For anyone born in the age of digital streaming, a mixtape is a foreign concept. The late-twentieth-century relic referred to a cassette tape or CD compilation of songs by different artists. Today, the term is applied to digital playlists, or in the case of Zoetic Dance Ensemble, an approach to programming a dance festival.
Zoetic’s MIXTAPE 2019 will present dance works by 15 artists at the Southwest Arts Center this weekend, June 14 and 15. With a different lineup each night, artistic director Mallory Baxley says shuffling their playlist provides an inclusive platform for different voices to celebrate the feminine spirit. Standouts in the lineup include Corian Ellisor, Porter Grubbs and Fuerta Dance.
Baxley joined Zoetic in 2010 under the mentorship of Melanie Lynch-Blanchard and Candess Giyan. After taking the reins in 2015, Baxley continues to present work with a raw, gritty femininity. Zoetic’s contribution to the summer MIXTAPE includes Sarah Wildman’s Memoirs of Millennia, Cherrise Wakeham’s Femme Futura and Baxley’s She Walks Into the Night. And I Am Crying, a piece that details Baxley’s passage into womanhood. ARTS ATL spoke with Baxley about that journey and how Zoetic cultivated MIXTAPE.
ARTS ATL: What has Zoetic taught you about being a woman?
Mallory Baxley: The first show I saw in 2007, Dirty Pretty, made such a huge impression on me because it was centered on women and the female experience. I knew I wanted to dance with Zoetic, so when I had that chance, it was inspiring from day one — being in the studio with the women who were 10 to 20 years older than I was. Zoetic has always been collaborative, with a lot of different bodies and styles thrown into the mix.
I learned a lot about self-confidence and my self-worth. I tried to open myself up to accepting my femininity and accepting myself as a woman, which can be incredibly challenging, especially in today’s society. Being able to voice my opinion, give feedback, create work and eventually run the company was one of the best gifts I’ve been given. My goal now is to provide the same experience and opportunities to the women that dance with Zoetic now and for generations to come.
ARTS ATL: Looking at the branding and the movement, it all seems very fierce — rock ‘n’ roll, rebel chic. How does that fit with the idea of mixtapes and putting things together with a musical sensibility?
Baxley: We do tend to think of ourselves as a little rock band. We’re a dance company, but our work hinges on the relationships that we have with each other. We like to think of ourselves as this group of badass chicks trying to make work that really speaks to every woman and anyone who relates to that female perspective.
We originally launched the MIXTAPE program in 2016 and wondered how we could make this program bigger and better and reach out to people that align with our vision. The title “mixtape” is an homage to being true to what we like while trying to challenge ourselves to step outside of our box. Music is a huge inspiration for all of us, and we try to push the boundaries — of what kind of music we’re performing to and inspired by. It really is a true mix of voices and flavors and sounds and images.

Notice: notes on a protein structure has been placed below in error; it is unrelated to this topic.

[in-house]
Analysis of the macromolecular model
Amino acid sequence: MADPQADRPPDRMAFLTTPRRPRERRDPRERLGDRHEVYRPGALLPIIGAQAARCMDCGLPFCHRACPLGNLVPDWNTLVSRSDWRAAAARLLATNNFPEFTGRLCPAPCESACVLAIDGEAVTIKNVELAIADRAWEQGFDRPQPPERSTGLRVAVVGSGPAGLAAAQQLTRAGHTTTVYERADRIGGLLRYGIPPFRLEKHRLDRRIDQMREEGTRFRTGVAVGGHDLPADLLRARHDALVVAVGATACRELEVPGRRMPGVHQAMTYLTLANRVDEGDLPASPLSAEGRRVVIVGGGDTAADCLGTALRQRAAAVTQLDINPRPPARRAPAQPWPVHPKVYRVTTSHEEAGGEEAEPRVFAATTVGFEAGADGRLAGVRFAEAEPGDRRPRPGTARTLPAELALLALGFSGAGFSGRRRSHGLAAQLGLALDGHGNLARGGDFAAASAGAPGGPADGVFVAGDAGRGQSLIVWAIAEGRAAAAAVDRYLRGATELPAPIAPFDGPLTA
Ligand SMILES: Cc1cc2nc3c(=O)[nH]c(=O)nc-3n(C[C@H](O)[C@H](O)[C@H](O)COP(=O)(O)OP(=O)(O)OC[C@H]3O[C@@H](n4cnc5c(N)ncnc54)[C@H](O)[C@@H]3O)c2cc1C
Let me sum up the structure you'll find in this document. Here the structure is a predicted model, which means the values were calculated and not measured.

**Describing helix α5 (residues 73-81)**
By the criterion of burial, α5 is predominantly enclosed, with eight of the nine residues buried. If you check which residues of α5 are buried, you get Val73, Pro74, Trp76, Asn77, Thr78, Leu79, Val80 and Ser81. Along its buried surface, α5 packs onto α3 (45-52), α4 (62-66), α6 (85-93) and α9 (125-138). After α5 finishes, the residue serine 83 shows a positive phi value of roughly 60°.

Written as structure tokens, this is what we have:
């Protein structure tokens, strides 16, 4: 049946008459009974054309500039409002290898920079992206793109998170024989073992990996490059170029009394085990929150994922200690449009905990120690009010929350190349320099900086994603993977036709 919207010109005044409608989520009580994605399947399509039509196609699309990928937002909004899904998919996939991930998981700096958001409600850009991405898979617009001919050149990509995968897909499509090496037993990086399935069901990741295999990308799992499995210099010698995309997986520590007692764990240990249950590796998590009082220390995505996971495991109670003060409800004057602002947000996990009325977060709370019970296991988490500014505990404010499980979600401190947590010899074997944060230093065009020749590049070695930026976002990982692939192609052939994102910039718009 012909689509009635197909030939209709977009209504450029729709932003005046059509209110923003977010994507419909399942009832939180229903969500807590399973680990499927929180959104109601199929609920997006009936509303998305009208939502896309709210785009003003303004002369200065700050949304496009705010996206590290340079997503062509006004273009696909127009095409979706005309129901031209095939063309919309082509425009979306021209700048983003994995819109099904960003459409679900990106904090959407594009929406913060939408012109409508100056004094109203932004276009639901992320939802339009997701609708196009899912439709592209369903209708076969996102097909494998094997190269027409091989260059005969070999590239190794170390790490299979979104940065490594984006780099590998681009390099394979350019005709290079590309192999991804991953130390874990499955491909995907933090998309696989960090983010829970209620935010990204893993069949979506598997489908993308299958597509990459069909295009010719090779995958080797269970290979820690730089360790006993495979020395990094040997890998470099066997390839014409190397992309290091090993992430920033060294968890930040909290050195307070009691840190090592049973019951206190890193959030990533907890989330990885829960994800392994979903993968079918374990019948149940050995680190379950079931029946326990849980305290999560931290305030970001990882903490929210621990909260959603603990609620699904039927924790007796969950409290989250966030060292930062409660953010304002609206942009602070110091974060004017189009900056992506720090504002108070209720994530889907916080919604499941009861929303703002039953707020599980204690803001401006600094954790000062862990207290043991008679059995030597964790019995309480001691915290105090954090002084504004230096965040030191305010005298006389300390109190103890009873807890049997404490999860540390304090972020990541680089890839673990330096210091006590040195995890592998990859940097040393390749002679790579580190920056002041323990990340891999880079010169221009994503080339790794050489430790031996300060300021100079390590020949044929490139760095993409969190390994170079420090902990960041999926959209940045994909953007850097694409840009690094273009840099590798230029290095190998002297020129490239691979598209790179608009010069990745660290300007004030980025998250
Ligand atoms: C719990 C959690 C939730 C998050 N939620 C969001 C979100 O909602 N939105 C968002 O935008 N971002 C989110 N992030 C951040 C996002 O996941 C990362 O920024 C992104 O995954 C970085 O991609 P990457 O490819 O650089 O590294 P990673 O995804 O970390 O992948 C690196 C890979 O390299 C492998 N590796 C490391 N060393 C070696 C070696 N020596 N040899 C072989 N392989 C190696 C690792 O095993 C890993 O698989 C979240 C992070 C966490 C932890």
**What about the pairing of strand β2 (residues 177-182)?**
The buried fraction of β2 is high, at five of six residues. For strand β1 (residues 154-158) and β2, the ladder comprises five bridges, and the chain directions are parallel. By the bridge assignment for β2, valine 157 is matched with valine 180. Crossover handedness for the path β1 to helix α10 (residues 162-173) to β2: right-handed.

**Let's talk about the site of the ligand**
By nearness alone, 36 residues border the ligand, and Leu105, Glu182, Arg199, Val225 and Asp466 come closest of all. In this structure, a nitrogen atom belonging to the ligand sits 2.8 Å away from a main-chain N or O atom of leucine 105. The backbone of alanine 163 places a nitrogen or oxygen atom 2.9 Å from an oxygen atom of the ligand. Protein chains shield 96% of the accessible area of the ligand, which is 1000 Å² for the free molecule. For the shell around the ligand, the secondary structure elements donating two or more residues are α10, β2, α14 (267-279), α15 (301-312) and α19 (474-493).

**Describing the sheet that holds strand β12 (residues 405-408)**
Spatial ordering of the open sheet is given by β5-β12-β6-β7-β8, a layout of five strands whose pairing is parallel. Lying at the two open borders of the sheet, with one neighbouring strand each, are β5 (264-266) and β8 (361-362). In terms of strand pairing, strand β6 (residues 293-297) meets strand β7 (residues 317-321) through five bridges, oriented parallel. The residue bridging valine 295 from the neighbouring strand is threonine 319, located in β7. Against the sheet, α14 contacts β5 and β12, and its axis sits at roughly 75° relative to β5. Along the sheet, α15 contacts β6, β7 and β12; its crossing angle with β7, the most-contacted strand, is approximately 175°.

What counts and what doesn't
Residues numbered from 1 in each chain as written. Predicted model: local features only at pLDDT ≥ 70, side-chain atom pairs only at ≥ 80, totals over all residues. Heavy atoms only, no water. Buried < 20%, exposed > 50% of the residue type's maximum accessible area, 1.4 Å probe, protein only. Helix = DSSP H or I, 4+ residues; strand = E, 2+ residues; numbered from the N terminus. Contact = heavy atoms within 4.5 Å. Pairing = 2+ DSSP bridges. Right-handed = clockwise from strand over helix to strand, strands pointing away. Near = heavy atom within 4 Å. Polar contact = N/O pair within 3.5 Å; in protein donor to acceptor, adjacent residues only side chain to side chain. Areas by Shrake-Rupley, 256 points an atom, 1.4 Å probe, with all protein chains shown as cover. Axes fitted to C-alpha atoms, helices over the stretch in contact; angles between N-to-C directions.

ARTS ATL: How did you go about choosing the works that have been included in MIXTAPE 2019?
Baxley: Beyond just women, we felt it was important to open the door for anyone. As an all-female company, sometimes people can feel intimidated or excluded from that idea, so we wanted to create a really inclusive experience. We reached out to members of the LQBTQ+ community who have felt similar prejudices and been marginalized in the same way women have. The response was inspiring and uplifting. We had a great team of adjudicators who read through the applications. We evaluated each artist on many factors, but the main idea focused on body, soul and truth as it pertains to the feminine perspective.
ARTS ATL: Body, soul, truth. What made you choose those words?
Baxley: We wanted to make our mission clear, with what we were trying to do and what this show was focusing on. There are so many dynamic layers and issues to the feminine perspective that we are inspired by. So as we were brainstorming ideas, it came down to our vessel — our bodies, how we use them, how we feel about them and our relationship with them. Then that went deeper, below the surface, thinking about soulful experiences and living our truths.
ARTS ATL: Are there other words you would use to describe what you expect this MIXTAPE to provide to the Atlanta community?
Baxley: Beyond just trying to uplift the female experience and advocate for empowerment, inclusivity is really important to us — inclusivity, empowerment, femininity and equality. Those are really big for us. As we’ve developed MIXTAPE over the past year and a half, we wanted to shift it away from just women and say what’s at the heart of our womanhood and femininity. We are advocates for equality across all spectrums of gender, race, everything. We want to provide an inclusive environment where we can have meaningful conversations.